State Energy Profiles: Updated Analytical Narratives and New Data for September and October 2013

by Sabrina I. Pacifici on December 24, 2013

“As with national trends, the energy sectors in each state continue to experience rapid changes, including increased oil and natural gas production, new renewable electricity generation, and changing motor gasoline prices. With these and other energy trends in mind, the U.S. Energy Information Administration updated its State Energy Profiles, which are available through EIA’s State Energy Portal. There are new analytical narratives on the energy sectors of each of the 50 states, the District of Columbia, and 5 U.S. territories. Portal users can also tap into the multilayer mapping function to show user-selected views of fossil and renewable energy resources, oil refineries, pipelines, power plants, transmission lines, and other energy infrastructure. Policy makers, energy analysts, and the general public can access revised state-level analysis on the petroleum, natural gas, coal, and electricity sectors. In addition, the narratives feature a new section on renewable energy that details each state’s renewable resources, including biomass, geothermal, hydroelectricity, solar, and wind, and how those resources are being developed. State Energy Profiles give users detailed portraits of energy production, consumption, and energy prices at the state level. They feature almost 90 key data series, state Quick Facts, and charts for each state. Users can learn state facts, such as:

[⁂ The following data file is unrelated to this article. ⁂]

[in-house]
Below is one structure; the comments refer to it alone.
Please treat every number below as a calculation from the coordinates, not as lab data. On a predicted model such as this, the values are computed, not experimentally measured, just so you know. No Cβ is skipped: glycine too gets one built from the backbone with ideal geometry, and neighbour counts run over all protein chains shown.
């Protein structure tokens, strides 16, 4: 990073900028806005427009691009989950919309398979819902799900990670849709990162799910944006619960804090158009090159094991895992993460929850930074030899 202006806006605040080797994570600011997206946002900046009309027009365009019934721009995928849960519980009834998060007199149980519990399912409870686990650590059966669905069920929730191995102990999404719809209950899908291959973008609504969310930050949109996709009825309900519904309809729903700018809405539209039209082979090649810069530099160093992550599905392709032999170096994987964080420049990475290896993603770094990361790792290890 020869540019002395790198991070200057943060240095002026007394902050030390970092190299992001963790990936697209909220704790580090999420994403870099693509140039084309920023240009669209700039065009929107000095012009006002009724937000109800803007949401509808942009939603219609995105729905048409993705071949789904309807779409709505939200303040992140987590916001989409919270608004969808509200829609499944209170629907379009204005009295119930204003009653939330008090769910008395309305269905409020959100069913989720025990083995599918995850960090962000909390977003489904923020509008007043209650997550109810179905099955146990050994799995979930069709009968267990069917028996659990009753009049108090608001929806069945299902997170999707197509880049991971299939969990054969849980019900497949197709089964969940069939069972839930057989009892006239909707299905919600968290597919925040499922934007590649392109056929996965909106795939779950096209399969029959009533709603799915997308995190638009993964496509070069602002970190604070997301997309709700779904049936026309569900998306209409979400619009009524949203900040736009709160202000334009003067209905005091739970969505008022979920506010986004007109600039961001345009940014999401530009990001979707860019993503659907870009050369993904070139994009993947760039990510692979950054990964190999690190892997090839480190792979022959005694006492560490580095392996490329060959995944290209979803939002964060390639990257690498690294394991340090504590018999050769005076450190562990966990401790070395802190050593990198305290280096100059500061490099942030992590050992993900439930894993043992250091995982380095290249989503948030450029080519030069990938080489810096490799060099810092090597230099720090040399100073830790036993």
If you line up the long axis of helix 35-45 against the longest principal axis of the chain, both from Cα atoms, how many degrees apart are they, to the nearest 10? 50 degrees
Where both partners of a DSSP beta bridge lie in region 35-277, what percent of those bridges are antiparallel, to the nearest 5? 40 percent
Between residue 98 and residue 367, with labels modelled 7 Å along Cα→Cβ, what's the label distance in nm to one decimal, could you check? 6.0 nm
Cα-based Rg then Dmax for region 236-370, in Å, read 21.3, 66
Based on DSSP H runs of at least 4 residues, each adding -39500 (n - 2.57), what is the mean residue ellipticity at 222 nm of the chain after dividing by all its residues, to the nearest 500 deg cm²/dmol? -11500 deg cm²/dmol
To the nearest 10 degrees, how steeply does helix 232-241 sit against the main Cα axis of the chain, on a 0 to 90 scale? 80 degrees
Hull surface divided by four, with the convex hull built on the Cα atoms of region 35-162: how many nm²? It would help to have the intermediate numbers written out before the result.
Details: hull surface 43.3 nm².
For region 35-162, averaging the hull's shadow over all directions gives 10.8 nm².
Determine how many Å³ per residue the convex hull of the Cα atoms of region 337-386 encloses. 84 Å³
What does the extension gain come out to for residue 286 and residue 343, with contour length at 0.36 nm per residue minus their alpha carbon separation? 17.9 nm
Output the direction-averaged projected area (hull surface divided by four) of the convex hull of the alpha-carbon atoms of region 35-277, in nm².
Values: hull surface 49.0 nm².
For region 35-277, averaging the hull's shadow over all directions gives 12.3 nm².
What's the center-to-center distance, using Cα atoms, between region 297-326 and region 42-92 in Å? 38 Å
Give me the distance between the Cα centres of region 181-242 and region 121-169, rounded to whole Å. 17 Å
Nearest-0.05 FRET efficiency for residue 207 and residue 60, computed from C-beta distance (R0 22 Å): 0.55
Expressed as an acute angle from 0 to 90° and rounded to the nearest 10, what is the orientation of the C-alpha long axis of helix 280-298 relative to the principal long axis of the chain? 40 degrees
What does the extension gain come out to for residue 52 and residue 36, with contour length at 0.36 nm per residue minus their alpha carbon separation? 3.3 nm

• Texas is the nation’s top crude oil producer and accounts for more than one-fourth of the nation’s petroleum-refining capacity.
  • Washington ranks first in the nation in hydroelectric generation and has the lowest electricity prices.
  • Coal produced in Kentucky is distributed to about one-half of the U.S. states.
  • The world’s largest photovoltaic solar electricity generation facility is currently under construction in Arizona.
  • Nevada is second in the nation, after California, in the amount of geothermal power produced.
  • Pennsylvania’s natural gas production more than quadrupled after 2009 because of increased development of the Marcellus Shale, placing the state among the top producers nationally.”

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